Asked to describe some of the circumstances of the women whom they assist with paying for abortions, clinic counselors reported that many women have one or more children and are single, in school, working low-paying jobs or trying to enter the workforce, not receiving help from their children's father, and working to make ends meet. One counselor reported that 75% or more of her clinic's clients seeking funding assistance are enrolled in Medicaid and their stories include recent job loss, low-income jobs, and more than one child at home with no support from partners. Another said that "the majority [of women] were on birth control, but maintaining birth control was not easily accessible for them-either their prescription ran out or they couldn't afford to get it renewed." Another counselor reported speaking with women who say "‘I need an abortion, because I can't afford another baby. I'm a single mom. I just got back to school, and I can't afford to drop out of school right now. I just got the baby out of Pampers and to have another would cause too many setbacks.'"

The Women's Medical Fund Director stated that many of the women the Fund serves are in precarious living situations. "A lot of women we talk to are virtually homeless. They're not on the street and not in shelters, but they live short-term with family, with friends, with anybody who's willing to take them and their kids in for six months or three months or any amount of time."

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Human Rights Framework

"If there was the reinstatement of Medicaid funding for abortion, low-income women would be able to pursue their dreams, move forward in their lives, and exercise the same right to choose that middle-class women can. Women would be able to turn their lives around. It would just make all the difference for women." – Executive director of the Women's Medical Fund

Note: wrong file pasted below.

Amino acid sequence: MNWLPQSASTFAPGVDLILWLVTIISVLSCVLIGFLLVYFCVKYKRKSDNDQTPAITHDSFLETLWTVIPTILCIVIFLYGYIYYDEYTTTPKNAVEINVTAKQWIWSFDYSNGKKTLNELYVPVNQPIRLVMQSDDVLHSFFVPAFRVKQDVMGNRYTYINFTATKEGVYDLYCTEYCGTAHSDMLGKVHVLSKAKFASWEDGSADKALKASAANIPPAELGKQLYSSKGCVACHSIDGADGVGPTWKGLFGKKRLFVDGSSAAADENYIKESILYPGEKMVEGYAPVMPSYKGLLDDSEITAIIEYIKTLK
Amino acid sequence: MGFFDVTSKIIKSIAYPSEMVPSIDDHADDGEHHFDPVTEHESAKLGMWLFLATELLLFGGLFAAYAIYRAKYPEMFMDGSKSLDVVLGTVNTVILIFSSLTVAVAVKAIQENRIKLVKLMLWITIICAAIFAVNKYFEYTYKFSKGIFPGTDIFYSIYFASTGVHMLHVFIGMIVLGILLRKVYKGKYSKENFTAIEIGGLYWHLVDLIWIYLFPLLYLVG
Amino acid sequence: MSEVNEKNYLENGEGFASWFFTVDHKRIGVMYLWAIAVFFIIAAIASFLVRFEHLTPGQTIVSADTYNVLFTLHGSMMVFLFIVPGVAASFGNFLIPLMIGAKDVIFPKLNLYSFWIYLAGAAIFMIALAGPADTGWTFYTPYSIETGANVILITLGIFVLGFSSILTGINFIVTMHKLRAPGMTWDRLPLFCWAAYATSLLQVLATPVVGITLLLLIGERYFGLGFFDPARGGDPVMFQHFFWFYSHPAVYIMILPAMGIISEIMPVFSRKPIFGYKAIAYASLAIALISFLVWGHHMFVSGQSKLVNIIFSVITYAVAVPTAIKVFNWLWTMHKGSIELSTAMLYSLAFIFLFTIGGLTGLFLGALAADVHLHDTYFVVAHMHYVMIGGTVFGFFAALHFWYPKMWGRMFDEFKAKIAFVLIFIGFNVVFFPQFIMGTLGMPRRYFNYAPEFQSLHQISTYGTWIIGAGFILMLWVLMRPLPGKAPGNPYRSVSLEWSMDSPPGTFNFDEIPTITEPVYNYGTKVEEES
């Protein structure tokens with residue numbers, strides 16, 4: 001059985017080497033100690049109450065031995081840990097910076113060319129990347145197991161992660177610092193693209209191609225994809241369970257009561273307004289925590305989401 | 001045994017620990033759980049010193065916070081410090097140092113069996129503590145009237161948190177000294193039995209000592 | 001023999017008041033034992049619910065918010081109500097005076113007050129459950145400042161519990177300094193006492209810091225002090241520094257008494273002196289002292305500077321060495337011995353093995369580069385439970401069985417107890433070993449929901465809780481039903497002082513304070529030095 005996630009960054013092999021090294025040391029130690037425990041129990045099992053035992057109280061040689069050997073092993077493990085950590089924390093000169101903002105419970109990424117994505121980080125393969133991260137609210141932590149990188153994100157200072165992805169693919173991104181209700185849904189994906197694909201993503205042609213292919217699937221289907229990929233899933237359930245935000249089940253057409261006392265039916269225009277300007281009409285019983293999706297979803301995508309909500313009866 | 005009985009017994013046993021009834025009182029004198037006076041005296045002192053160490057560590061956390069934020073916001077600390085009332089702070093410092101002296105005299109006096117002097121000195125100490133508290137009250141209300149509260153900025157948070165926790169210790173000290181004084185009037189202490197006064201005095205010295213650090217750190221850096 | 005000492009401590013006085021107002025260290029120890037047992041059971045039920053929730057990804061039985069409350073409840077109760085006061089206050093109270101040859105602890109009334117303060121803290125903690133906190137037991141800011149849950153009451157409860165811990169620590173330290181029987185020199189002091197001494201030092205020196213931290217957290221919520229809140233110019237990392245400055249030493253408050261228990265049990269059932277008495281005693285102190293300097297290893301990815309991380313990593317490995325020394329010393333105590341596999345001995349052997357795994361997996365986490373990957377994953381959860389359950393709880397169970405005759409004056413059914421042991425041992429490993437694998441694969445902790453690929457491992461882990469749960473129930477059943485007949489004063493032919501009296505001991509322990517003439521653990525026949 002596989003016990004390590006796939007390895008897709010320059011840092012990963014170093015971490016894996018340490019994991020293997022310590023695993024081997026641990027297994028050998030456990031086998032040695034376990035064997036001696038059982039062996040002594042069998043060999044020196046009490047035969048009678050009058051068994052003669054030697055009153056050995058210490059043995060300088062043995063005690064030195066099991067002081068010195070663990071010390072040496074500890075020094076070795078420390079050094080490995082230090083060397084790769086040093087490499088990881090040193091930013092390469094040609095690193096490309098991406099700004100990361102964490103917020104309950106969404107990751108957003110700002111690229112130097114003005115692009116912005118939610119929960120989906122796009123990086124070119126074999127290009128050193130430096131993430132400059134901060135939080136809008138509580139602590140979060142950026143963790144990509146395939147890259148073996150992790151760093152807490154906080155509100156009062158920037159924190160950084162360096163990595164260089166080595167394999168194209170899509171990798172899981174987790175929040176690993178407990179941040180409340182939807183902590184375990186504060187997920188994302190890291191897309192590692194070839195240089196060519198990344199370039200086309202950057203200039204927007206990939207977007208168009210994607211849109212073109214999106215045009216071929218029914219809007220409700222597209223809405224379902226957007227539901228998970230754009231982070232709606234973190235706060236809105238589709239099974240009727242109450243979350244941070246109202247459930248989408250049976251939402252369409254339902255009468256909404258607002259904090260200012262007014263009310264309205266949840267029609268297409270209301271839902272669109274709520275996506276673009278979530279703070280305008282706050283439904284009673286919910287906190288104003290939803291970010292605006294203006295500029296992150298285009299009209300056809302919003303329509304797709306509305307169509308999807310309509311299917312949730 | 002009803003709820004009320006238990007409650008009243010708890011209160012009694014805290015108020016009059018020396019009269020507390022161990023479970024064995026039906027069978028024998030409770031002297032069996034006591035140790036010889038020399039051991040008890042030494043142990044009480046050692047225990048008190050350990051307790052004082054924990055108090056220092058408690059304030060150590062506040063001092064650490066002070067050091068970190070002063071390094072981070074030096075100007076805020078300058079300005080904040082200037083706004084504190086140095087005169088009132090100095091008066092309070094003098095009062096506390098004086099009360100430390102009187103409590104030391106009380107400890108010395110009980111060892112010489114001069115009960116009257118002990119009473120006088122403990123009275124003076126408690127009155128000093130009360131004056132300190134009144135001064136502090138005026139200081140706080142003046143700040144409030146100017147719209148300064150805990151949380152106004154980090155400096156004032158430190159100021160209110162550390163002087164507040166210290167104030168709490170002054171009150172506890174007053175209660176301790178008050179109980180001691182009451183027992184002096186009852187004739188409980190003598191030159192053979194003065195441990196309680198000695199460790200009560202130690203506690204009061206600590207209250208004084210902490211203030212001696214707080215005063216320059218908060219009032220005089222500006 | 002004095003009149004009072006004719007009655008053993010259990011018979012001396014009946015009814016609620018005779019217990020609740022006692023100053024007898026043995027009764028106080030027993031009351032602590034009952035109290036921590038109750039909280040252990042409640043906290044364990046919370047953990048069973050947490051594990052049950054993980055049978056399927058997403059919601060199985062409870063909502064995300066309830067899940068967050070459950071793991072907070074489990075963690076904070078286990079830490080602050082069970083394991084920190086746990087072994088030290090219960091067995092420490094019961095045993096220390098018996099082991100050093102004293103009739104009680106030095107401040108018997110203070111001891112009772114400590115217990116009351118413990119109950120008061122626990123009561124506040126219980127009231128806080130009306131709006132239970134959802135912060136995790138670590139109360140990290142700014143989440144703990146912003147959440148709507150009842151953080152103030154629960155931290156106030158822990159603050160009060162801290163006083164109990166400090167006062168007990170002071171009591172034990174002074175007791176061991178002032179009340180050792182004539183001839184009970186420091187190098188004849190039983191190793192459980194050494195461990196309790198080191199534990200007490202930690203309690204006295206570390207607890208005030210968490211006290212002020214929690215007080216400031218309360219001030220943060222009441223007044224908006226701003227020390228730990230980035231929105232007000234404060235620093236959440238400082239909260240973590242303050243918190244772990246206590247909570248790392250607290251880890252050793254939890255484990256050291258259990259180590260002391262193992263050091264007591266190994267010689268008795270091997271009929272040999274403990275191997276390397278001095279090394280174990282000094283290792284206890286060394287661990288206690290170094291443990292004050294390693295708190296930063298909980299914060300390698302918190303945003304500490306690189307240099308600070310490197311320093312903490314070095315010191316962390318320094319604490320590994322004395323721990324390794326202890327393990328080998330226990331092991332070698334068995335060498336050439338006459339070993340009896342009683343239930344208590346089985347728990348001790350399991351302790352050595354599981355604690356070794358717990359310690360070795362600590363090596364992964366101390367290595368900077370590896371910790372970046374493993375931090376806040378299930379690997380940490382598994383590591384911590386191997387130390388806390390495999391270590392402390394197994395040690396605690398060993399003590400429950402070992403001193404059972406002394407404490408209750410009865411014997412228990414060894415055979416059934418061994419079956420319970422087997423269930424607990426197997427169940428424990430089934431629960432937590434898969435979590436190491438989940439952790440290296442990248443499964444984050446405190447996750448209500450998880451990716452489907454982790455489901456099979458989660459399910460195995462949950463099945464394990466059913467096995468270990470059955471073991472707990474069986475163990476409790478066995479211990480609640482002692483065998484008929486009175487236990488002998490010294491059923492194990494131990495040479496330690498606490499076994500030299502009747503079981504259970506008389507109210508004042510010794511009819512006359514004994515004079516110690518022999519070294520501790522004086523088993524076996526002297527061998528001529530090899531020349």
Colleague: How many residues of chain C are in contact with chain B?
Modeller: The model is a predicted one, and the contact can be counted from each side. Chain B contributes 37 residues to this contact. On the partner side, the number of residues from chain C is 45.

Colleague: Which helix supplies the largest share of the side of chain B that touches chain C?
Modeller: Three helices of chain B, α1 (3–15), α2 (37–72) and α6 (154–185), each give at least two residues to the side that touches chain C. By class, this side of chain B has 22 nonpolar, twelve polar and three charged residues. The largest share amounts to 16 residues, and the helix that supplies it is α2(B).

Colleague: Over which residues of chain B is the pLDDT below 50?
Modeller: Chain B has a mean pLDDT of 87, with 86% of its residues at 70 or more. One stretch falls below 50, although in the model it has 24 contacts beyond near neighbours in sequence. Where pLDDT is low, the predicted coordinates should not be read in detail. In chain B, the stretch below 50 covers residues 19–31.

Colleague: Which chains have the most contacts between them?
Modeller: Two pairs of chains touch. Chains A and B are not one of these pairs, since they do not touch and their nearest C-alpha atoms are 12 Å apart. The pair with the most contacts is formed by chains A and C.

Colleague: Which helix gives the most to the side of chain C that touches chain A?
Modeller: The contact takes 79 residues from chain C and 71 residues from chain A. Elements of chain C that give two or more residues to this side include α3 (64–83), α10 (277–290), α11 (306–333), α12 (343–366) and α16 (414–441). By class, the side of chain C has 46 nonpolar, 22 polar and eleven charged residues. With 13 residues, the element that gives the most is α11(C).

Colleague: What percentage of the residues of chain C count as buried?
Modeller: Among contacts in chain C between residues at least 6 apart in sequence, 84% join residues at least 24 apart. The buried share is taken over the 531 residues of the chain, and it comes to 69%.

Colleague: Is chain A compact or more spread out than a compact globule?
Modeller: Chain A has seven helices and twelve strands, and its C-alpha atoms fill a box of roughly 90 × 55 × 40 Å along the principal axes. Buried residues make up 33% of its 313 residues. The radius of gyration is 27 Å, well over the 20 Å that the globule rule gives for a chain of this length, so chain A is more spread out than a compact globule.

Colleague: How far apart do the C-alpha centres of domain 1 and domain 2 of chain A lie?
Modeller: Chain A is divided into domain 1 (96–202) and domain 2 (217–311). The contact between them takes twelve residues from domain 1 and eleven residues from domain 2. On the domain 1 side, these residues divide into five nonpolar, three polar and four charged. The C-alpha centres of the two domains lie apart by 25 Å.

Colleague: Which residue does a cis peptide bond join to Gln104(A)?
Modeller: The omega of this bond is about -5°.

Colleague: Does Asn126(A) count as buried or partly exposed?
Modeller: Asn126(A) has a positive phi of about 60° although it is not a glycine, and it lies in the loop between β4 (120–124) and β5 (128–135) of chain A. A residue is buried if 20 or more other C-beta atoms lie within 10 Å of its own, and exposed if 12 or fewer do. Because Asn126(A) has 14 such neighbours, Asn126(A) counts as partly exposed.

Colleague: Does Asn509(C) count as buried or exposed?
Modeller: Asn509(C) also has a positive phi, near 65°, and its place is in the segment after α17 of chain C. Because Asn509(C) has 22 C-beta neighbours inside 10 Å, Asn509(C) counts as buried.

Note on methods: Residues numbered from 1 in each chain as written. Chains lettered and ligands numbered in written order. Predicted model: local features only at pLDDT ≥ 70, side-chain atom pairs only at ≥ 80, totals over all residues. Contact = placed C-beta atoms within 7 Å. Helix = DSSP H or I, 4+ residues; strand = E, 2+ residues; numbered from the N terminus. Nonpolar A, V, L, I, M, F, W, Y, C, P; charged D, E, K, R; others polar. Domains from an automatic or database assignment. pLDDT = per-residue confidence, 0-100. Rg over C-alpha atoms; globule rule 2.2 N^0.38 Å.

The Hyde Amendment violates the human rights of poor and low-income women. The restrictions interfere with a woman's right to make fundamental decisions about her body, to access health services necessary to protect her health, and to decide whether and when to have children. The ability to make these decisions without government coercion is integral to women's dignity and equality. The government's failure to respect and ensure these rights violate a woman's right to health, life, equality, information, education, and privacy, as well as freedom from discrimination.

The rights to life, privacy and personal autonomy, and non-discrimination are set forth in two human rights treaties ratified by the United States: the International Covenant on Civil and Political Rights (ICCPR) and the Convention on the Elimination of All Forms of Racial Discrimination (CERD). Treaty ratification confers an international legal obligation on the United States to respect, protect, and fulfill the rights contained in the treaty and to create the conditions necessary to ensure that all persons are able to enjoy rights in practice.

The United States is also a signatory to key human rights treaties that guarantee women's right to reproductive healthcare and equality-among them, the International Covenant on Economic, Social and Cultural Rights (ICESCR) and the Convention on the Elimination of All Forms of Discrimination against Women (CEDAW). The United States has an obligation not to take any action that would defeat the object or purpose of the treaties it has signed.